Monday, March 9, 2020

An Algorithm for Predicting Recidivism Isn't a Product for Products Liability Purposes

By Eugene Volokh - March 09, 2020 at 08:02AM

From Friday's Third Circuit opinion by Judge Cheryl Krause, joined by Chief Judge D. Brooks Smith and Judge Thomas Hardiman, in Rodgers v. Christie:

June Rodgers's son was tragically murdered, allegedly by a man who days before had been granted pretrial release by a New Jersey state court. She brought products liability claims against the foundation responsible for the Public Safety Assessment (PSA), a multifactor risk estimation model that forms part of the state's pretrial release system….

The NJPLA [New Jersey Products Liability Act] imposes strict liability on manufacturers or sellers of certain defective "product[s]." But the Act does not define that term…. [B]oth parties agree the Third Restatement [of Torts] definition [of "product"] is the appropriate one. We therefore assume that to give rise to an NJPLA action, the "product" at issue must fall within section 19 of the Third Restatement.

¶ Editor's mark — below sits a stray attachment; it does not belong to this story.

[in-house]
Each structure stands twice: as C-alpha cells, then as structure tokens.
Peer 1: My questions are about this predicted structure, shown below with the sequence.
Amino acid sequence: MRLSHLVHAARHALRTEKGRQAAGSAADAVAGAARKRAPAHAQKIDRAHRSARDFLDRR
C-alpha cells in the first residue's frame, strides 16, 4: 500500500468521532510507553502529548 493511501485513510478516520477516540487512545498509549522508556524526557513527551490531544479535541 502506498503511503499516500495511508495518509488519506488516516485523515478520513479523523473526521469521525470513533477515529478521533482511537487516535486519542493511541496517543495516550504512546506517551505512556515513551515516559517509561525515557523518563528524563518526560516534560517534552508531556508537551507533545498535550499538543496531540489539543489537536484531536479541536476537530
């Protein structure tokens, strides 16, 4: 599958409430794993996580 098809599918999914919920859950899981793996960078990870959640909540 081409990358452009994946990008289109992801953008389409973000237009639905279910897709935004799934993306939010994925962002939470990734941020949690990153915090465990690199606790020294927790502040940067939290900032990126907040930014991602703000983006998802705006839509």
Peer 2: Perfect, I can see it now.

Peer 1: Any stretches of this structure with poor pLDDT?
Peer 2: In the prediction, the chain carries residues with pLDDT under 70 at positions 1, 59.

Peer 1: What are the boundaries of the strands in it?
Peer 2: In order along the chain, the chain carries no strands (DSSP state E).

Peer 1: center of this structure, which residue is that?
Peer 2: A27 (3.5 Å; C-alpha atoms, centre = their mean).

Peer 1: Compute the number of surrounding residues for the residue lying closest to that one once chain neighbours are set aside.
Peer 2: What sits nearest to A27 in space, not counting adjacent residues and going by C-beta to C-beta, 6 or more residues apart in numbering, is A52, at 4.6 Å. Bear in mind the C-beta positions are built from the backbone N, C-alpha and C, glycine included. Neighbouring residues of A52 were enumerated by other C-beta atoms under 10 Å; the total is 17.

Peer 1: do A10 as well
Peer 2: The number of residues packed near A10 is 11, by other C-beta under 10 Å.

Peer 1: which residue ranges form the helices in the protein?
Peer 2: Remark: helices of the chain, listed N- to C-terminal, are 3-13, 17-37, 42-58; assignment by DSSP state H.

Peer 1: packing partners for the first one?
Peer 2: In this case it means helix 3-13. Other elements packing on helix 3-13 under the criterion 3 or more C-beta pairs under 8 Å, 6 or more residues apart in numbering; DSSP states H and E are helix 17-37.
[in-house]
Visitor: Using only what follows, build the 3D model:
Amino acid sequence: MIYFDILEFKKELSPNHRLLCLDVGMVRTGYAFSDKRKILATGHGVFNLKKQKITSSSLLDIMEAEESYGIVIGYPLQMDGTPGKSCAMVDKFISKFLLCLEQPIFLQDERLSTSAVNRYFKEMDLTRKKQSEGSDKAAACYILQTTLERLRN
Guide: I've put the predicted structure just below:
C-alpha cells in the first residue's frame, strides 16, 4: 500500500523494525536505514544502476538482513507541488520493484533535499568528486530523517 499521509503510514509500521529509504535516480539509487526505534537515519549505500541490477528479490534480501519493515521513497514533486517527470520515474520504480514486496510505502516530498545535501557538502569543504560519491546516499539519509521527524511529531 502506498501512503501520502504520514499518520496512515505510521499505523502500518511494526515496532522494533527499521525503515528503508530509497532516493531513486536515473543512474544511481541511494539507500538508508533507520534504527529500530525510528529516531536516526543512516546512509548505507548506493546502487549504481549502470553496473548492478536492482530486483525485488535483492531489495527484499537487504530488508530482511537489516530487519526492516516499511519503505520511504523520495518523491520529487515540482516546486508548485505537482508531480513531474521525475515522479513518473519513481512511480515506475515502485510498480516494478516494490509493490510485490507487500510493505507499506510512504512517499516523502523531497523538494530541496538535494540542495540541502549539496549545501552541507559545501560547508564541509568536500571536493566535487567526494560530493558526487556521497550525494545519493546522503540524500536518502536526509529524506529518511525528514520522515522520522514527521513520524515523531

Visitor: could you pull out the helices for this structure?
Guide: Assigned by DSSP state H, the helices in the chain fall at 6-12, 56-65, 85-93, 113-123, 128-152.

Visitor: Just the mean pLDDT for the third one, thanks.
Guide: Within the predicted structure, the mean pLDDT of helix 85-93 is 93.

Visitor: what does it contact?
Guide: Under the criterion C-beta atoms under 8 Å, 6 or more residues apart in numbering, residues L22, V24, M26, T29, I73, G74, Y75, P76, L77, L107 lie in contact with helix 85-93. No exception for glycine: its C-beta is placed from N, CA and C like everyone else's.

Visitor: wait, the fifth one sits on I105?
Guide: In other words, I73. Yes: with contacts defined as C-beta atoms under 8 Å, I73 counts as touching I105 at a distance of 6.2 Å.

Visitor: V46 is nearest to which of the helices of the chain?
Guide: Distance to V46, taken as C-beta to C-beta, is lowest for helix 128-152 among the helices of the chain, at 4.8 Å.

The PSA does not fit within that definition for two reasons. First, as the District Court concluded, it is not distributed commercially. Rather, it was designed as an "objective, standardized, and … empirical" "risk assessment instrument" to be used by pretrial services programs like New Jersey's….

Second, the PSA is neither "tangible personal property" nor remotely "analogous to" it. As Rodgers' complaint recognizes, it is an "algorithm" or "formula" using various factors to estimate a defendant's risk of absconding or endangering the community…. "[I]nformation, guidance, ideas, and recommendations" are not "product[s]" under the Third Restatement, both as a definitional matter and because extending strict liability to the distribution of ideas would raise serious First Amendment concerns.

Rodgers's only response is that the PSA's defects "undermine[ ]" New Jersey's pretrial release system, making it "not reasonably fit, suitable or safe" for its intended use. But the NJPLA applies only to defective products, not to anything that causes harm or fails to achieve its purpose….


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